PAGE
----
Nonfiction, What Shannon Read

Old in Art School: A Memoir of Starting Over

37774050Really mixed reviews on Goodreads for Old in Art School: A Memoir of Starting Over by Nell Irvin Painter

But I quite enjoyed it.

This is Painter’s memoir of going to art school to get a BA and then a BFA after a long and successful career as a historian and academic. Seriously, she has honorary doctorates from Yale and company.

I can’t imagine how humbling it must’ve been to start over at the bachelor level.

And her age—she’s in her 60s—is a main theme in the book, as you might expect.

Things I loved:

  • Her quirky style. She refers to professors as Teacher, like, “Teacher Irma told me…” I found it weird at first, but honestly, it’s handy.
  • Her explorations of what, exactly, is considered art. And the economic machinations that determine which artists get shown in galleries and, therefore, museums. Fascinating insight into a world I know nothing about.
  • Her explorations of race in the art world. These are plentiful. Highly recommend you read this if that topic interests you.
  • Painter is also a seasoned writer and it shows. Her knack for setting a scene is delightful throughout. Newark, where Painter is from, plays a big role and she really gives you a sense of what the city is like.

I was going to do a Things I Didn’t Love section, but really, there aren’t any. So, I leave you with an example of my last point from the book:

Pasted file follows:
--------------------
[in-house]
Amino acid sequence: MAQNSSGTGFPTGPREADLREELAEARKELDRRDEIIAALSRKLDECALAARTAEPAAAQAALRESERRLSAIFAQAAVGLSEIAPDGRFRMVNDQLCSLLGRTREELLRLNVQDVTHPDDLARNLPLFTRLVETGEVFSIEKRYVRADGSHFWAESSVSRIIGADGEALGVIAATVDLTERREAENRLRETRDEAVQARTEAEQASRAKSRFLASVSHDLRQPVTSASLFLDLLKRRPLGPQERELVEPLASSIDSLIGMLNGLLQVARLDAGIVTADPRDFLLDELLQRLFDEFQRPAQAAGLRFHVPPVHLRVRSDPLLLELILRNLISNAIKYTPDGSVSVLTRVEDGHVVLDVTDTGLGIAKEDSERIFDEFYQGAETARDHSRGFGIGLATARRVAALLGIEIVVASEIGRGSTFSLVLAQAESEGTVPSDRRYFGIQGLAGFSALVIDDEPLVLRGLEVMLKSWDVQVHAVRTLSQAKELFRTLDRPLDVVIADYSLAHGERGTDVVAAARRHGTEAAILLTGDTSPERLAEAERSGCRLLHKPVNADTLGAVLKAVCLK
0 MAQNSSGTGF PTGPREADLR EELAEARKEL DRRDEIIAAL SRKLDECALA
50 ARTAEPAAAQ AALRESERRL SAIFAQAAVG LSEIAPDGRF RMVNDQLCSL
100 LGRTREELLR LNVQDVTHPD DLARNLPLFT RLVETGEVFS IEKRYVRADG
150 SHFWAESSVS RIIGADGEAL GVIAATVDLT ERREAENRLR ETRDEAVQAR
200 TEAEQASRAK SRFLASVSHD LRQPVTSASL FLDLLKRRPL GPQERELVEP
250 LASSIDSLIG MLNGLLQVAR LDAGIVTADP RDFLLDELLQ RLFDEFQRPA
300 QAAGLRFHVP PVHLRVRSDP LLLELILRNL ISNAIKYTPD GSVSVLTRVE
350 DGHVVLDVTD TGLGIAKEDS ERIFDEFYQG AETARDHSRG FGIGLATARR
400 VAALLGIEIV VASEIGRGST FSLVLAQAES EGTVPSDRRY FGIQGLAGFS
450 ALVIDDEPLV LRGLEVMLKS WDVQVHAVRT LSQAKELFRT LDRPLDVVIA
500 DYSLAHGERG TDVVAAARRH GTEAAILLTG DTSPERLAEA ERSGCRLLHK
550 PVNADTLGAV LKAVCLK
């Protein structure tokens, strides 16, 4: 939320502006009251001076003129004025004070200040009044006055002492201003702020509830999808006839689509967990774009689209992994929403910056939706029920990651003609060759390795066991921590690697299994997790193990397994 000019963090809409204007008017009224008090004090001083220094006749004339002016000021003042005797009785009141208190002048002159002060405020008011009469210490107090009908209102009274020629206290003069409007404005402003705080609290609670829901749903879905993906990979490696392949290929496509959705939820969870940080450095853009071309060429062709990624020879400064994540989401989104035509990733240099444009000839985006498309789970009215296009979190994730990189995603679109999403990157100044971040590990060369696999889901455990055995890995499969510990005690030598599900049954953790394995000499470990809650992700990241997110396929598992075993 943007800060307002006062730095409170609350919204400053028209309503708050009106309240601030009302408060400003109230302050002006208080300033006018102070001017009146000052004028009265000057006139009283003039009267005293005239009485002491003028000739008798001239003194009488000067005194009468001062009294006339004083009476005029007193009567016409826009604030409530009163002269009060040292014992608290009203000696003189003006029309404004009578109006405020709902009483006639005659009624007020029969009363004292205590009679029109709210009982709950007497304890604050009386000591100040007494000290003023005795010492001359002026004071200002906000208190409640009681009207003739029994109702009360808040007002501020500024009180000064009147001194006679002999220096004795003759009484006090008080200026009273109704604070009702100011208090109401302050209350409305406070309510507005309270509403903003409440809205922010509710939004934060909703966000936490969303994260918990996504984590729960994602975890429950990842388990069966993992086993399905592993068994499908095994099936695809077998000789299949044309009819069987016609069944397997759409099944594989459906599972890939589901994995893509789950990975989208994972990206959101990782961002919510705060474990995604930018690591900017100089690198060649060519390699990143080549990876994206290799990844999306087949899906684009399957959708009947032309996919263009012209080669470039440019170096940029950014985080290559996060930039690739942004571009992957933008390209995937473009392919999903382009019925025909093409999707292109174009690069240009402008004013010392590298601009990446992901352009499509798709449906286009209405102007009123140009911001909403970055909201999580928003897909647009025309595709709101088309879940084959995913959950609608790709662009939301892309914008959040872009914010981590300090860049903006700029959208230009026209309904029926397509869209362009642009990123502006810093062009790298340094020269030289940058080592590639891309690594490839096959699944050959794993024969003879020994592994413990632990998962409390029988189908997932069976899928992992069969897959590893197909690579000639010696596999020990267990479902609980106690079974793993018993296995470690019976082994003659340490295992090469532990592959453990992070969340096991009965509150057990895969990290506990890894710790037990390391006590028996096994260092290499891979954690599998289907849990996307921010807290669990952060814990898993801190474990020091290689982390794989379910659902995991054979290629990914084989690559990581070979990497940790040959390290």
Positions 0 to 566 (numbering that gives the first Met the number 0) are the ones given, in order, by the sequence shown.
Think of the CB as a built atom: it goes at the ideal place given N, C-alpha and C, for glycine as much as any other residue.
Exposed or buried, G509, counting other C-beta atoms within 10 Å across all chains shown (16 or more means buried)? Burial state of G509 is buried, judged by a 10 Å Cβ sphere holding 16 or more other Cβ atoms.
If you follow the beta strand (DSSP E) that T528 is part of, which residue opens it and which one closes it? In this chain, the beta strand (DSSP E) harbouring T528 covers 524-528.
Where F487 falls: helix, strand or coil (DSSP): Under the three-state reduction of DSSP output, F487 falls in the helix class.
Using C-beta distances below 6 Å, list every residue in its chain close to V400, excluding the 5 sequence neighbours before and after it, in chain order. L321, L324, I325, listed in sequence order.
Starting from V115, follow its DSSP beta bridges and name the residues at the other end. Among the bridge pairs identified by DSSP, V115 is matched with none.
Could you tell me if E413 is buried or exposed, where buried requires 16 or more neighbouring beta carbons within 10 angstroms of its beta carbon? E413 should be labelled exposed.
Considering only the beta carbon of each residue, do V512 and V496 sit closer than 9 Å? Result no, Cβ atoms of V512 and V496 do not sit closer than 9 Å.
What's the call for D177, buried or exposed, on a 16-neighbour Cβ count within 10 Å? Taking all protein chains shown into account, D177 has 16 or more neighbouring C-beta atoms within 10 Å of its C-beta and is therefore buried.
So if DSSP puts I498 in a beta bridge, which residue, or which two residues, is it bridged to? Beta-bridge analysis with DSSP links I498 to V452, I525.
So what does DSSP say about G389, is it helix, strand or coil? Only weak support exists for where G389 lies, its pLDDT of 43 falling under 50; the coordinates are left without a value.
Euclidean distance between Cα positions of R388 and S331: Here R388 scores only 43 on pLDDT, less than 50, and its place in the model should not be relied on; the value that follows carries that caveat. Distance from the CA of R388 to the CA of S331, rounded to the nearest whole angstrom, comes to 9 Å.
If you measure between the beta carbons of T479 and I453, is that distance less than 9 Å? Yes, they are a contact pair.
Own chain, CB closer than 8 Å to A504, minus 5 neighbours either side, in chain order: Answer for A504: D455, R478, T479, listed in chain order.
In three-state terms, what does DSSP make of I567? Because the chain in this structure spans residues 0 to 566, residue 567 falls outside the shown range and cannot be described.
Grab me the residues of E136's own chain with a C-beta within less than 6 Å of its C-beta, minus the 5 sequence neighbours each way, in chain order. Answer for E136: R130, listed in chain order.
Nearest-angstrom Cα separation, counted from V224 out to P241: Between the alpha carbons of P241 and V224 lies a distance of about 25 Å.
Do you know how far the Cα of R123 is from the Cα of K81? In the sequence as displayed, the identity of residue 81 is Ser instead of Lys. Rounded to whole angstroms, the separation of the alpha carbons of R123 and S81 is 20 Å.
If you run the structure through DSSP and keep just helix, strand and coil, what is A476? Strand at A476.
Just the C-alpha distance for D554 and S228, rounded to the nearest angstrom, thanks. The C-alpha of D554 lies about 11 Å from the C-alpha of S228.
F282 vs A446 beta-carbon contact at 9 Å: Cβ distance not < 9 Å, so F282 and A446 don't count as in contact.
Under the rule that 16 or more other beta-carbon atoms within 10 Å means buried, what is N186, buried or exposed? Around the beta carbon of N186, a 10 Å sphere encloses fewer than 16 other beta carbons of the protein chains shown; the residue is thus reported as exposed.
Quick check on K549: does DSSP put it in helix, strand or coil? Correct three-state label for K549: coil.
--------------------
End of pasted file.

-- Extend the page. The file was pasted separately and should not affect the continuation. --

“Sitting in front of me on Newark light rail one afternoon were a couple of kids—early twenties or so—listening to music, bumping around in their seats, and talking loud, just exuberant. She was beautiful and spirited, he kind of ordinary to look at. He had the music, but he shared an earbud with her, two heads on one iPod. As she danced in her seat, he did something amazing. He played the subway car partition like a conga drum:

DeepDEEP slap stop DeepDEEP slap stop DeepDEEP slap Deep DEEP slap stop DeepDEEP slap stop DeepDEEP slap stop DeepDEEP slap stop DeepDEEP slap stop
DeepDEEP slap stop DeepDEEP slap stop DeepDEEP slap stop
DeepDEEP slap stop DeepDEEP slap stop DeepDEEP slap stop
DeepDEEP slap stop DeepDEEP slap stop DeepDEEP slap stop
DeepDEEP slap stop

He pulsated a salsa rhythm on a vertical plastic divider. Totally awesome! I was ready for all of us passengers to jump up and boogie down the aisle. I wouldn’t have led off dancing, but I definitely would have joined in. What joy in our white and black metal tube of light rail beside Branch Brook Park, a carnival parade on a workday, an outbreak of brotherly love to a salsa beat. Strangers waving their arms and shaking their booties to the music, grinning and singing and looking straight in the eyes of their comrades in commute. But when the pretty girl started clapping her hands to the music, he of the beat shushed her. No dancing in the Newark light rail that afternoon.”

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